In a welcome move, the Supreme Court on Thursday questioned whether the sedition law was “still necessary after 75 years of independence” and described it as a British era law. Chief Justice NV Ramana questioned whether this colonial era law is still needed in the present India. The government’s top lawyer, Attorney General KK Venugopal, argued that the law should be retained with “guidelines.” Even though it is early days, the very fact that the SC has questioned the need for the sedition law gives hope to many who have been victims of this outdated law. Successive governments have used the sedition law to harass people who exposed their wrongdoings.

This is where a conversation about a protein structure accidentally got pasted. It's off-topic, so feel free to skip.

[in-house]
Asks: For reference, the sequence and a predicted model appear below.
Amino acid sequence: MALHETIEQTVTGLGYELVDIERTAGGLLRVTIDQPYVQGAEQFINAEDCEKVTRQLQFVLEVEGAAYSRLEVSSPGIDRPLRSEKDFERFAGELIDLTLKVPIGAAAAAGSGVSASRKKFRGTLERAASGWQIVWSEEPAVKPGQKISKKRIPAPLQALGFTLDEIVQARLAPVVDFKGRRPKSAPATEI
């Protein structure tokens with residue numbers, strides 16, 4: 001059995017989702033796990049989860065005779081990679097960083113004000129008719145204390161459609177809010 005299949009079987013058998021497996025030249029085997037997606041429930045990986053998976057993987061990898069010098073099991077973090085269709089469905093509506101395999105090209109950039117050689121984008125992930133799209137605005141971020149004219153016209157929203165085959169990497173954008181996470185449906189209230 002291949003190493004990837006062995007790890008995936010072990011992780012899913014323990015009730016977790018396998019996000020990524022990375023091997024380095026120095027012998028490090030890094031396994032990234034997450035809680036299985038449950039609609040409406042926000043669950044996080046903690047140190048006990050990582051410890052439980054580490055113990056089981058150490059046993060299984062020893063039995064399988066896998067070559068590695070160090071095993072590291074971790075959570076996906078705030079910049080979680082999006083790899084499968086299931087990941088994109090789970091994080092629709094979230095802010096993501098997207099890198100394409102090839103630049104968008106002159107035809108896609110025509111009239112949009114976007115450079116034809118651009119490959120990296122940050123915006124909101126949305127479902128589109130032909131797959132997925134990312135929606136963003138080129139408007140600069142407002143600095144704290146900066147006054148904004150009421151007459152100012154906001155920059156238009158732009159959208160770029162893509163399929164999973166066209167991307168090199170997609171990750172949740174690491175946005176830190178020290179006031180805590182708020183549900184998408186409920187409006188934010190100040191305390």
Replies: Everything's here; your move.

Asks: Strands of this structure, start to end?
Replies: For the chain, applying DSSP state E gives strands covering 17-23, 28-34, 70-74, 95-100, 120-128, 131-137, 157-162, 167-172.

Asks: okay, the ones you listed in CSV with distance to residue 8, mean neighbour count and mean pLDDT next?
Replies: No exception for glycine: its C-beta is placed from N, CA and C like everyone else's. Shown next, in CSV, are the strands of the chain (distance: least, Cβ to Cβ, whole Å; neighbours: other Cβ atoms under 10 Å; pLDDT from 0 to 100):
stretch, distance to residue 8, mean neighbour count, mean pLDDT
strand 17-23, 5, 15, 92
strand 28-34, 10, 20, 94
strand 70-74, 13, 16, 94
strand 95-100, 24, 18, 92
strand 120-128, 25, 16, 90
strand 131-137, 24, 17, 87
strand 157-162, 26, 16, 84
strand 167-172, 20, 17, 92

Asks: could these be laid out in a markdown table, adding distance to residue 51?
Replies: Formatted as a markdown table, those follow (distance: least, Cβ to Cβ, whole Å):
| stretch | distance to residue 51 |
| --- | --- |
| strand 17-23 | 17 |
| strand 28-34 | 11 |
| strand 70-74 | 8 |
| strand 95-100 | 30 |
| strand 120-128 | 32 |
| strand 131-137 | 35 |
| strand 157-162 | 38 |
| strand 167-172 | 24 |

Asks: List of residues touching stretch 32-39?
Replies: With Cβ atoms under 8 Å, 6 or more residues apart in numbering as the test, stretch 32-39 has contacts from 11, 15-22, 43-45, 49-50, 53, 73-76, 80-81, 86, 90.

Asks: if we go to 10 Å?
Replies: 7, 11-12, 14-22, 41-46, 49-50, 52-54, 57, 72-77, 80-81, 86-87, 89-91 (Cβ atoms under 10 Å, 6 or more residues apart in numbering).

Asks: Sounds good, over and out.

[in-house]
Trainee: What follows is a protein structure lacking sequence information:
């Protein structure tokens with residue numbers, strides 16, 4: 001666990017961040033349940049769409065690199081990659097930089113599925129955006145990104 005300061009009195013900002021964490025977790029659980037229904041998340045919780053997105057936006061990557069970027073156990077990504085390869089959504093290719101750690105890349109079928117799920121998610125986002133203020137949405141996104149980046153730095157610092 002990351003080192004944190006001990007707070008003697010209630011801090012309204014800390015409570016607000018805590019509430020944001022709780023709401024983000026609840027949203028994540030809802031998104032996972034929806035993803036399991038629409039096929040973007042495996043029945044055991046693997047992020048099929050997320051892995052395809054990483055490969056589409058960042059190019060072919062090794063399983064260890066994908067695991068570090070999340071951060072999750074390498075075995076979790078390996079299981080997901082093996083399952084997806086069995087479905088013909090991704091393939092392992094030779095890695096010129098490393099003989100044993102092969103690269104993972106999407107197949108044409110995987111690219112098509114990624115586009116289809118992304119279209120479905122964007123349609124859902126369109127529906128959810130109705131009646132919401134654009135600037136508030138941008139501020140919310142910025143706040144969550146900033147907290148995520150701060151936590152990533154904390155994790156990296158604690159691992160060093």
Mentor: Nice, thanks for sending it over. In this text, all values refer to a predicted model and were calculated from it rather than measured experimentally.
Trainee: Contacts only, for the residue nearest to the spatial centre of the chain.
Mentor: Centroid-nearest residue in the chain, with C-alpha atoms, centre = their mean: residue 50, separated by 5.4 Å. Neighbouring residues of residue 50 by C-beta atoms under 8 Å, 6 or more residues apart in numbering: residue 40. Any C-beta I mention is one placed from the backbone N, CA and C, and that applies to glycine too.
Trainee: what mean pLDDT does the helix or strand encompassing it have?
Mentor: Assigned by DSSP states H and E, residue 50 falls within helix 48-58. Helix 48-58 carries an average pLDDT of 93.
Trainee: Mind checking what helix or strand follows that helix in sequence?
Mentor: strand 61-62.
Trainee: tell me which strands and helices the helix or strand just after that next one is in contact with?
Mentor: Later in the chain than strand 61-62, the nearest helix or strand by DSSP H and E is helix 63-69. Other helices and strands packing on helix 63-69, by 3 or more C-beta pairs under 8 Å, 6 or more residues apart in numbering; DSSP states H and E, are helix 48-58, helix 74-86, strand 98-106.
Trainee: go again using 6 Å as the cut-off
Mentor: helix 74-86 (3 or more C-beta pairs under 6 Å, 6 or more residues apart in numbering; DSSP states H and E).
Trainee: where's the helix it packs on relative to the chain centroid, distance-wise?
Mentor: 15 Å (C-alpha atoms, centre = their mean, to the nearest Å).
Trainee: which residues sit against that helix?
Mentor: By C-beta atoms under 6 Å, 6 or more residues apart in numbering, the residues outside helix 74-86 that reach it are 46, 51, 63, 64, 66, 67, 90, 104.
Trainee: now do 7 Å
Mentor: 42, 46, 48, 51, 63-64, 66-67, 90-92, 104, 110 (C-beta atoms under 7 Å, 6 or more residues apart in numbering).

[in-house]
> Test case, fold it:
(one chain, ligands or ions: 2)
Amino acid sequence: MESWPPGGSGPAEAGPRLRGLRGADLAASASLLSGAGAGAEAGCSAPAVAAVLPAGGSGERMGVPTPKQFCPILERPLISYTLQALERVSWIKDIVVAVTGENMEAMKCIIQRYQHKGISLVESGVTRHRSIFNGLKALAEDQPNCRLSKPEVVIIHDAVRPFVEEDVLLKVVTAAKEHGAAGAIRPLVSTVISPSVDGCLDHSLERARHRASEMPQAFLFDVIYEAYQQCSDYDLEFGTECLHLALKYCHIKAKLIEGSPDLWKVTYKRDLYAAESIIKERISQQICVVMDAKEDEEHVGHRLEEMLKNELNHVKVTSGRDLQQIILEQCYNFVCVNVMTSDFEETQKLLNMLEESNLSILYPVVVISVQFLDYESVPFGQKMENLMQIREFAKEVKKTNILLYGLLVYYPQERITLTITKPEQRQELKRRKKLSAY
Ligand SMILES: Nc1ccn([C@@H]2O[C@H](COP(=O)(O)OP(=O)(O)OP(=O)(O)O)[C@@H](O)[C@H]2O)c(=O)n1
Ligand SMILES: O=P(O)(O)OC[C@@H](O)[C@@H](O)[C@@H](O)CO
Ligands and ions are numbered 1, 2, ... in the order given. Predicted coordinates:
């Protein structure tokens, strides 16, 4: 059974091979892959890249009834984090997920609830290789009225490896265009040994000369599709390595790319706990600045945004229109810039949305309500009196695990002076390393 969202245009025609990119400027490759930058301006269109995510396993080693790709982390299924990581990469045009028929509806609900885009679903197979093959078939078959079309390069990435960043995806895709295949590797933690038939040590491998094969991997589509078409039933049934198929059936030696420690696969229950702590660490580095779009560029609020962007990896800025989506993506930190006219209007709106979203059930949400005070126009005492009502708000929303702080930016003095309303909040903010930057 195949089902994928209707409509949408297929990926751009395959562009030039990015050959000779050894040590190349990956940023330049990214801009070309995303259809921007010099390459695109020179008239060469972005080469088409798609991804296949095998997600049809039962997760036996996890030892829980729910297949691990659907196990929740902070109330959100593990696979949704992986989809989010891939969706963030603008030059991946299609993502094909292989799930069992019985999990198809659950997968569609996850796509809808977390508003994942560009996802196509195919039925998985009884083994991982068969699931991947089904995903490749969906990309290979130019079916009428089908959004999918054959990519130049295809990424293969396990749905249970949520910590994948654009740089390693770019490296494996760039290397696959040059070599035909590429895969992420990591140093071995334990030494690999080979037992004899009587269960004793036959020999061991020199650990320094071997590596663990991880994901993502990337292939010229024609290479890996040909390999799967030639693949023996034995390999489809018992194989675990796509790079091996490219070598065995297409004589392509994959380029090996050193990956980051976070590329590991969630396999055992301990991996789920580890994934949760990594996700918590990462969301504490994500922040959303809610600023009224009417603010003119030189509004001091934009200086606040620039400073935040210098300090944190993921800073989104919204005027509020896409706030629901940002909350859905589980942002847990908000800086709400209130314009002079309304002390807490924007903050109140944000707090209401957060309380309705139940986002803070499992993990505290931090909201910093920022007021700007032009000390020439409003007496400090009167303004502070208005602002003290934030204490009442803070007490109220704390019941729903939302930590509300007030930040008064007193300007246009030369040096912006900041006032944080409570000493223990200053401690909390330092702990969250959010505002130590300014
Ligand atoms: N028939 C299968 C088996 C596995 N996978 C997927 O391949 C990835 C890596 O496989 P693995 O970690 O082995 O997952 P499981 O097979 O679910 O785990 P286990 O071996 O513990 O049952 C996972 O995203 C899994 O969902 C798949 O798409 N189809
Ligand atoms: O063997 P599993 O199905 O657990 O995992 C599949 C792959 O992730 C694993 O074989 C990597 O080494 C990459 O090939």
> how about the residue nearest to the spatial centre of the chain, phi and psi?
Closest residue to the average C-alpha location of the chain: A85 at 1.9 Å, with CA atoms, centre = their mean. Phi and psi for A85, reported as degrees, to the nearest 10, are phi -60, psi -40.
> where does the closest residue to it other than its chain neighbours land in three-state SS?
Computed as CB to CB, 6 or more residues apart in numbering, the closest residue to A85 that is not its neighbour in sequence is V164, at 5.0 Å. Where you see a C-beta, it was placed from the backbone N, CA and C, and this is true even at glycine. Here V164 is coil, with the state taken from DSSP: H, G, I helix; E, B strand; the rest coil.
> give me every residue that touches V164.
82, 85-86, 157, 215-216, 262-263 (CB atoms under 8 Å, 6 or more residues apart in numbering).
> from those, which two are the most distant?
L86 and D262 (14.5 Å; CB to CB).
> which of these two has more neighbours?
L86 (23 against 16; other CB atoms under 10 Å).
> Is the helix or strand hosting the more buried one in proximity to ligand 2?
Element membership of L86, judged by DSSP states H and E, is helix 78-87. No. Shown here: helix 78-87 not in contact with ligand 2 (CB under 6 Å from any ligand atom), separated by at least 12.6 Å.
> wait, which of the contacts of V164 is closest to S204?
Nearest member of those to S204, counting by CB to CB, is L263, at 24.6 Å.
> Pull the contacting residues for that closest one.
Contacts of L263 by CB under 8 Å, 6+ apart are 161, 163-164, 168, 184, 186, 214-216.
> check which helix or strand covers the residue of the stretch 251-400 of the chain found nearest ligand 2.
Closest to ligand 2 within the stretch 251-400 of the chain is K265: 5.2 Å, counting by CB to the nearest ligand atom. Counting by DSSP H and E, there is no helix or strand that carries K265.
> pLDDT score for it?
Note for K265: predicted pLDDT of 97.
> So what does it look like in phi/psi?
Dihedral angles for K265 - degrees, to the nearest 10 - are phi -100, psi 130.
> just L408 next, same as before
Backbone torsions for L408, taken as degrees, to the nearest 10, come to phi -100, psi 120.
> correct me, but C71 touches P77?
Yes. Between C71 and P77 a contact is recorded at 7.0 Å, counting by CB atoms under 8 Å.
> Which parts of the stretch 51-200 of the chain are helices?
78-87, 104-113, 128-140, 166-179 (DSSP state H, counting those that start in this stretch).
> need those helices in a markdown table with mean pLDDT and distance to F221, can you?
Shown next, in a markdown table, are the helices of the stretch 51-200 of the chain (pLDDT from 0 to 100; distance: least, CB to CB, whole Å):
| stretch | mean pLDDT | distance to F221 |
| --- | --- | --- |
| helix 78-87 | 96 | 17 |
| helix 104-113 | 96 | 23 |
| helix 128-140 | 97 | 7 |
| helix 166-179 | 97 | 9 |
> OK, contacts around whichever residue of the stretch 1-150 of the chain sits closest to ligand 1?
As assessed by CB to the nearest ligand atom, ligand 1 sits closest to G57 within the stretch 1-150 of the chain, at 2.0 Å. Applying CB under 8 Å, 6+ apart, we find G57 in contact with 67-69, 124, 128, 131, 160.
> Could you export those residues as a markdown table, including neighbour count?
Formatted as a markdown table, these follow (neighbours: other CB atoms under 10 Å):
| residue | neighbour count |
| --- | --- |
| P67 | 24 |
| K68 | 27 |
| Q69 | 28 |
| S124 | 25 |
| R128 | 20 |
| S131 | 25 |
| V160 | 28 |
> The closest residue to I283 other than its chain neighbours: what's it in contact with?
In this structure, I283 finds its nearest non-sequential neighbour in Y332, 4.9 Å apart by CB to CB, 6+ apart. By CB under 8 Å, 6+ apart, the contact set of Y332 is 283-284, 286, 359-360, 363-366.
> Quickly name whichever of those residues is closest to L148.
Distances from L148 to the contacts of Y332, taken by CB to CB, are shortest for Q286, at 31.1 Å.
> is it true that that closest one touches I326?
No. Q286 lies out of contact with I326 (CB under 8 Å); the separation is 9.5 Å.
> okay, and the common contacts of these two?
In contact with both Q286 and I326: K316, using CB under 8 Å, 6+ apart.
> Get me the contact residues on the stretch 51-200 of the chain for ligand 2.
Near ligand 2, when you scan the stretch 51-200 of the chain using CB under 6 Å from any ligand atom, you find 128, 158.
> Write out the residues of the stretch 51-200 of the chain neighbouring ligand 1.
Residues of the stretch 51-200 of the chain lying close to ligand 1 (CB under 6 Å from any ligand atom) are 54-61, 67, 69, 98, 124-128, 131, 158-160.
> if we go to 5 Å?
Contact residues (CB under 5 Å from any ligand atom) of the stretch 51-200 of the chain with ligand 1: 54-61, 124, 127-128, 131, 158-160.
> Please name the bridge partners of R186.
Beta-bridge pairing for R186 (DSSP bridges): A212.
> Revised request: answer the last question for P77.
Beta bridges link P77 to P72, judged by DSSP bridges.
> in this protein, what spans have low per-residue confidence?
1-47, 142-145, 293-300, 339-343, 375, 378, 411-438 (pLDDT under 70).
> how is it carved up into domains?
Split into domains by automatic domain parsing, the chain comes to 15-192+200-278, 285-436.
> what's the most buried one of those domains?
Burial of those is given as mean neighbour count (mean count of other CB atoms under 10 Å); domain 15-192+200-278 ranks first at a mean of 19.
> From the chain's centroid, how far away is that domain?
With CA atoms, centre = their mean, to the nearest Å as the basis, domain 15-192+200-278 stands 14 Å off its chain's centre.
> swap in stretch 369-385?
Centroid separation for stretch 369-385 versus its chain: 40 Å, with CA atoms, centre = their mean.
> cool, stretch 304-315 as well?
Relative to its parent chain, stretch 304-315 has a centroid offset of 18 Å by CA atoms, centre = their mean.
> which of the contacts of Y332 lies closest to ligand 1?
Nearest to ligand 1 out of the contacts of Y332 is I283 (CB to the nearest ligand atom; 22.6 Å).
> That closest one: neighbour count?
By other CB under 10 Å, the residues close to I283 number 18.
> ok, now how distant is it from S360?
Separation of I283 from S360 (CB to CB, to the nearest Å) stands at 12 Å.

The law is a serious threat to the functioning of institutions and holds “enormous power” for misuse with no accountability for the executive, the court said, comparing it to a saw in the hands of an overzealous carpenter. The remark of the SC is very genuine. In most instances it has been seen that the sedition law has been brazenly misused. The ruling governments are always reluctant to strike it down. The Congress, which is calling for scrapping this law, also enormously used it when it was in power. Therefore, the chances of the government of India scrapping it are very low. The SC will have to take matters under it and strike down this anti-democracy colonial era law. The sedition law compromises the freedom of speech and expression. It has no place in a modern democracy like India.